Coral-Listers, Be careful what you wish for and beware of, "The Law 
of unintended consequences."  At stake is the listing of 82 species 
of corals which is the first step toward making all Atlantic  coral 
reefs off limits to divers and researchers (except for an elite few). 
Imagine the increased paperwork ect., that will be required to obtain 
a permit to study any of these corals or a reef where they live. If 
passed the next step will  be designation of critical habitats to 
protect these species----from what? and how? Every scuba diver 
bubbles Co2 into the water, (exhaled breath contains up to 40,000 ppm 
Co2).Down the road we may have to stop scuba diving or mandate the 
use of rebreathers. The Co2 battle is being fought vigorously on many 
other fronts  so why use corals as pawns to create a new tangle of 
government regulations and bureaucrats? What is really behind this? 
Job creation? More coral police? The only winners I see will be the 
lawyers! I think that this time The Center for Biodiversity has gone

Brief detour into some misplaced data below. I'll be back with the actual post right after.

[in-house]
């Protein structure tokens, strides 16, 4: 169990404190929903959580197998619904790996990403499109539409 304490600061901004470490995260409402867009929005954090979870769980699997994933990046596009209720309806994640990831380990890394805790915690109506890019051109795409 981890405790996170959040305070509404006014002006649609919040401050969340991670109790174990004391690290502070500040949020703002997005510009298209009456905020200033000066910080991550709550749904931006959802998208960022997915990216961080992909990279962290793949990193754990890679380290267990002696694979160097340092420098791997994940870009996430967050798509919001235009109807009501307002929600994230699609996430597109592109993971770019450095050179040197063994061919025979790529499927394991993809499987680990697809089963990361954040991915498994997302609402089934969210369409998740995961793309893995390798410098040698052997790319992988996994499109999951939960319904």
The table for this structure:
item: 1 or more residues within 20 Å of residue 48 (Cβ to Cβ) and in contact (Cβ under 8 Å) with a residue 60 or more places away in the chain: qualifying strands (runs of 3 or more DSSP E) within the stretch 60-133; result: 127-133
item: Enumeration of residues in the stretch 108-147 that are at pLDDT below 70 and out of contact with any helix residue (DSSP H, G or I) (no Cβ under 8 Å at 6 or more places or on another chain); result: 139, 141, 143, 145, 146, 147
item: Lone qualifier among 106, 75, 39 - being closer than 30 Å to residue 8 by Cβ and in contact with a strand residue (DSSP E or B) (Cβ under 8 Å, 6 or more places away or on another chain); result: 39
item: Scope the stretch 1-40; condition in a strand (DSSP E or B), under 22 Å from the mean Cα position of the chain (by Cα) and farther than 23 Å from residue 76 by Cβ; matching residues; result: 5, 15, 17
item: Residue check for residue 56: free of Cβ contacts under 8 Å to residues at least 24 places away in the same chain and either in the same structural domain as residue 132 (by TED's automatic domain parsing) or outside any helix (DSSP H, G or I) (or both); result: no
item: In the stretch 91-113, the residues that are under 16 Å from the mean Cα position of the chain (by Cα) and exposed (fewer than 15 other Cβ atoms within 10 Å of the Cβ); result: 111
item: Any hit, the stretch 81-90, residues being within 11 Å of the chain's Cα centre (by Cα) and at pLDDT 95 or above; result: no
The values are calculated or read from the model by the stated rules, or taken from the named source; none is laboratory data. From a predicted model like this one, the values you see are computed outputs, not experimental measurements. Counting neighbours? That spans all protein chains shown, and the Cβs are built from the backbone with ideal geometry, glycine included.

over the top and is more obstructionist than I ever thought they 
would be. I wonder who supports them? How do they get their funding? 
Now that's something to ponder! Lets be reasonable!  This action is 
not going to save  corals. Just look to the geologic record. The 
grandest reefs the world has ever known grew during the Cretaceous 
when Co2 levels were more than 7 times present levels. To and Earth 
scientist this action appears to be just one more issue for people to 
disagree on in a country already so politically divided on most any 
subject one can think of. No this is not Glen Beck speaking... Gene

No Rocks, No Water, No Ecosystem (EAS)
------------------------------------ -----------------------------------
E. A. Shinn, Courtesy Professor
University of South Florida
Marine Science Center (room 204)
140 Seventh Avenue South
St. Petersburg, FL 33701
<eshinn at marine.usf.edu>
Tel 727 553-1158----------------------------------